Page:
Naturally, in a book about Arab history, a great deal of emphasis is put on Islamic religion, which is perhaps the most potent force shaping Arab history and culture. In a way therefore this book also offers an excellent introduction to Islam and Islamic history. Nevertheless, I would have liked to see more material about pre-Islamic times. Furthermore, while the title "Arab peoples" acknowledges the fact that most of the modern-day "Arabs" are descended from non-Arabs who at some point adopted Arab language and culture, this point is not made explicit in the text, and the pre-Arab history of these peoples is ignored. Having said that, I admit that it is impossible to include any more information about Arab history in the same number of pages (500), making this book a definite accomplishment. It is an excellent and readable introduction to Arab history, and a lead to other more specialized books (listed in the 27-page bibliography). The index alone reads like a who's who in Arab history.
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4 of 4 people found the following review helpful By Amazon Customer on Aug. 15 2003
Format: Paperback
To those who say this is a boring book, or there isn't any history I laugh. This is the most complete chronicle of Arab History to date. Boring? yes if you're used to reading your history in the tabloids. The book covers thirteen centuries of history in 458 pages. It starts in the seventh century, introducing the Arab world at its first critical turning point: the coming of the Prophet Muhammad. Before the Prophet the people lived in a state of jahiliyya (or ignorance of religious truth).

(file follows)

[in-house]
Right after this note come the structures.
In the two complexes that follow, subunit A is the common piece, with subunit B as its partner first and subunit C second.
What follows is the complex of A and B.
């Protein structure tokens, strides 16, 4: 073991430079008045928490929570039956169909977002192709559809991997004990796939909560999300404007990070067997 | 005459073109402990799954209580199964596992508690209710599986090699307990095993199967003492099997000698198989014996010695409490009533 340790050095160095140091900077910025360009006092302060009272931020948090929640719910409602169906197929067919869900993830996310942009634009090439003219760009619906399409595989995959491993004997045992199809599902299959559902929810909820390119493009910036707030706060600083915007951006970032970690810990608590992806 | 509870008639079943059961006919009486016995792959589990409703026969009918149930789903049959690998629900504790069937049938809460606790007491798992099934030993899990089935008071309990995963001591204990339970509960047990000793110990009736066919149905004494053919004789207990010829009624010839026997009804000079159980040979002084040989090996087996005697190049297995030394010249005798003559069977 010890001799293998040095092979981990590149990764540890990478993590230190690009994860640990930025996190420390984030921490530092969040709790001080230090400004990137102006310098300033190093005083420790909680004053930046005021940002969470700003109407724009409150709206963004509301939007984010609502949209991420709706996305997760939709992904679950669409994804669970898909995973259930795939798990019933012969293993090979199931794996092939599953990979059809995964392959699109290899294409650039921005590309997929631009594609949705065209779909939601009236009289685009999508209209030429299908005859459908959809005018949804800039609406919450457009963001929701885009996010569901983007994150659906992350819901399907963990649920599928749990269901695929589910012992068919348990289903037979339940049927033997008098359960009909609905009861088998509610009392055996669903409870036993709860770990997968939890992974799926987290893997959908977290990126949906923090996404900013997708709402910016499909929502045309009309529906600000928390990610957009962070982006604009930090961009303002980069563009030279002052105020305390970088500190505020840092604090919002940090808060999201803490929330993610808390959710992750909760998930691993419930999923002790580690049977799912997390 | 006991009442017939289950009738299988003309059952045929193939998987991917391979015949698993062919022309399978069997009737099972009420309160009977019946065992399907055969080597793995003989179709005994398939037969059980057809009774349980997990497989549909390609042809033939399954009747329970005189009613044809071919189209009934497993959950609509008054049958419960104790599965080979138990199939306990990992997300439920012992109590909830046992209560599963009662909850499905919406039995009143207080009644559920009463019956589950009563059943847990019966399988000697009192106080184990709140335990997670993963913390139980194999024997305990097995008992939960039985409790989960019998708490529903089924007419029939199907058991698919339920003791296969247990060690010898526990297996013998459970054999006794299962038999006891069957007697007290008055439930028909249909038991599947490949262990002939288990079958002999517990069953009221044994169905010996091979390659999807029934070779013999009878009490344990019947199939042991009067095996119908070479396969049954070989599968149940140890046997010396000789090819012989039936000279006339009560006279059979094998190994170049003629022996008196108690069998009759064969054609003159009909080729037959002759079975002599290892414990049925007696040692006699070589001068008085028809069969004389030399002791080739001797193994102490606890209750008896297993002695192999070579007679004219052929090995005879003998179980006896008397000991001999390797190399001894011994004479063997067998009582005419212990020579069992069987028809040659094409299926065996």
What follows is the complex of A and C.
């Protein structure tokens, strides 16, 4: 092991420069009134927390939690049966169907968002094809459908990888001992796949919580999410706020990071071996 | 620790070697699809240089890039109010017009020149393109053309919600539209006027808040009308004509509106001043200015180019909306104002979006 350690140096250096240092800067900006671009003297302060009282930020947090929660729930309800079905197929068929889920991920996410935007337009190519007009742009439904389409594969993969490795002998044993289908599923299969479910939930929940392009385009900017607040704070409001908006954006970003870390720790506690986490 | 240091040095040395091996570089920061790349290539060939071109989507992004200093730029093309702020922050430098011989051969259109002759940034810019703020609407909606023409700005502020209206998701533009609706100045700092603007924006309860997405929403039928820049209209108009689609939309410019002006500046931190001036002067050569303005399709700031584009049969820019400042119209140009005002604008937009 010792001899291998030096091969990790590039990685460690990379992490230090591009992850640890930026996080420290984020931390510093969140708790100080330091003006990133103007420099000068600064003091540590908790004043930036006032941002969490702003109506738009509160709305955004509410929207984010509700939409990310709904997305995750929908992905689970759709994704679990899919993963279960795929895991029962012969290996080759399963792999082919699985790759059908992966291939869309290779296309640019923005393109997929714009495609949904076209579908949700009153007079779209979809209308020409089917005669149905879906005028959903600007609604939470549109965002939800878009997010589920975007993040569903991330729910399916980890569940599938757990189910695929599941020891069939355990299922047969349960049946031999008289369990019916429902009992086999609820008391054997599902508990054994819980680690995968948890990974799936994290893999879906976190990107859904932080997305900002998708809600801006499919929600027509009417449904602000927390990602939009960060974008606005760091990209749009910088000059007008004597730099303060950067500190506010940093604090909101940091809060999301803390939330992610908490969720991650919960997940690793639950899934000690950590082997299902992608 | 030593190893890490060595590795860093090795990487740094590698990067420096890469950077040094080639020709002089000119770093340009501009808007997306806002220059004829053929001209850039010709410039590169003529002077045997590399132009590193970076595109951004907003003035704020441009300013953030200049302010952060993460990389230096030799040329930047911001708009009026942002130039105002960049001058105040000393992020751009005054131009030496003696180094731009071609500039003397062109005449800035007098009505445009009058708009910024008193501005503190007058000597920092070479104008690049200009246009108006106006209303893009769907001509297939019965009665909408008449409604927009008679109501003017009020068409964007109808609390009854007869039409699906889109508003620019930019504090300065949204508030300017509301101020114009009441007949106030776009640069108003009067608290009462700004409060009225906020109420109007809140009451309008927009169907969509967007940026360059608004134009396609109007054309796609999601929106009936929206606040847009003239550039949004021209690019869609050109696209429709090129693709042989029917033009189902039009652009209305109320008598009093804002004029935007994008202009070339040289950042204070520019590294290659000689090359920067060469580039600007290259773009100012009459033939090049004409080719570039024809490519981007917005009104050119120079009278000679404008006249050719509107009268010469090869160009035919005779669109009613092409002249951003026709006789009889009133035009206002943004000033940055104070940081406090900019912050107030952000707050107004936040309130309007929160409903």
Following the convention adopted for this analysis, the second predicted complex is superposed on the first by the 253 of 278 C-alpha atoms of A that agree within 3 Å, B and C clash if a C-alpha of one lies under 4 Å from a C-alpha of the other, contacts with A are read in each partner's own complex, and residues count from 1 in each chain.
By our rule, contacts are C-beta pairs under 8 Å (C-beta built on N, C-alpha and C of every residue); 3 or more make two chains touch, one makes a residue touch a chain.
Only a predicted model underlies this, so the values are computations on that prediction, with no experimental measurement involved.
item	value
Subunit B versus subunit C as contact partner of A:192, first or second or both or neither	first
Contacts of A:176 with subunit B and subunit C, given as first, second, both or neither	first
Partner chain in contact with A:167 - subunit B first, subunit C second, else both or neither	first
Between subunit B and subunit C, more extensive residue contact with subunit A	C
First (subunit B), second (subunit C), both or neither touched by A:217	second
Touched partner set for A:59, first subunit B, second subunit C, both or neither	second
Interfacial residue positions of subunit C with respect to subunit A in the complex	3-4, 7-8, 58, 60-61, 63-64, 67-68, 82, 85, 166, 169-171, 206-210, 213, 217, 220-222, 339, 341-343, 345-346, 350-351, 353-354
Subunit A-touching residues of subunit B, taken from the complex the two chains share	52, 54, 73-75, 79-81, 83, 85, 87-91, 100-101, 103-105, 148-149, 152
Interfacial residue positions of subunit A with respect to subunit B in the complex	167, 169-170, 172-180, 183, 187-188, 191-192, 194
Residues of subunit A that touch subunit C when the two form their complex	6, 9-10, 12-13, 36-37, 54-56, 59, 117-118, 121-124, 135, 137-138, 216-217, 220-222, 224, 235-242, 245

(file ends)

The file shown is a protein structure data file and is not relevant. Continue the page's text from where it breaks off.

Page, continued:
After giving a good background on the Prophet the book moves swiftly to describe the Arab world after his death. He does this in such a way as to include sociology, politics, religion (of course), culture, war, alliances, and literature. No other author can claim such a comprehensive outlook on the situation as Hourani.
Next his analysis takes the same broad scope on the Ottoman age and discusses the last, great empire of the Arab world (although they are not Arab). He discusses how the Arab people responded to these outside rulers and finally how the Ottoman empire responded to the growing power of the European empires.
He goes on to discuss how the European empires controlled the Arab world, how they fought over the land and trade routes, and how the Arab world responded to this. He discusses how education was very much Europeanized (especially in the Magrib, or northern Africa, where Arab culture did not affect the culture as much from the beginning).
In the last part he discusses the age of nations and the conflicts which aroused from having been colonized (not in the sense you would think however, instead of purely blaming the colonizers he merely shows how this created great differences in the culture and political and religious ideals of the people).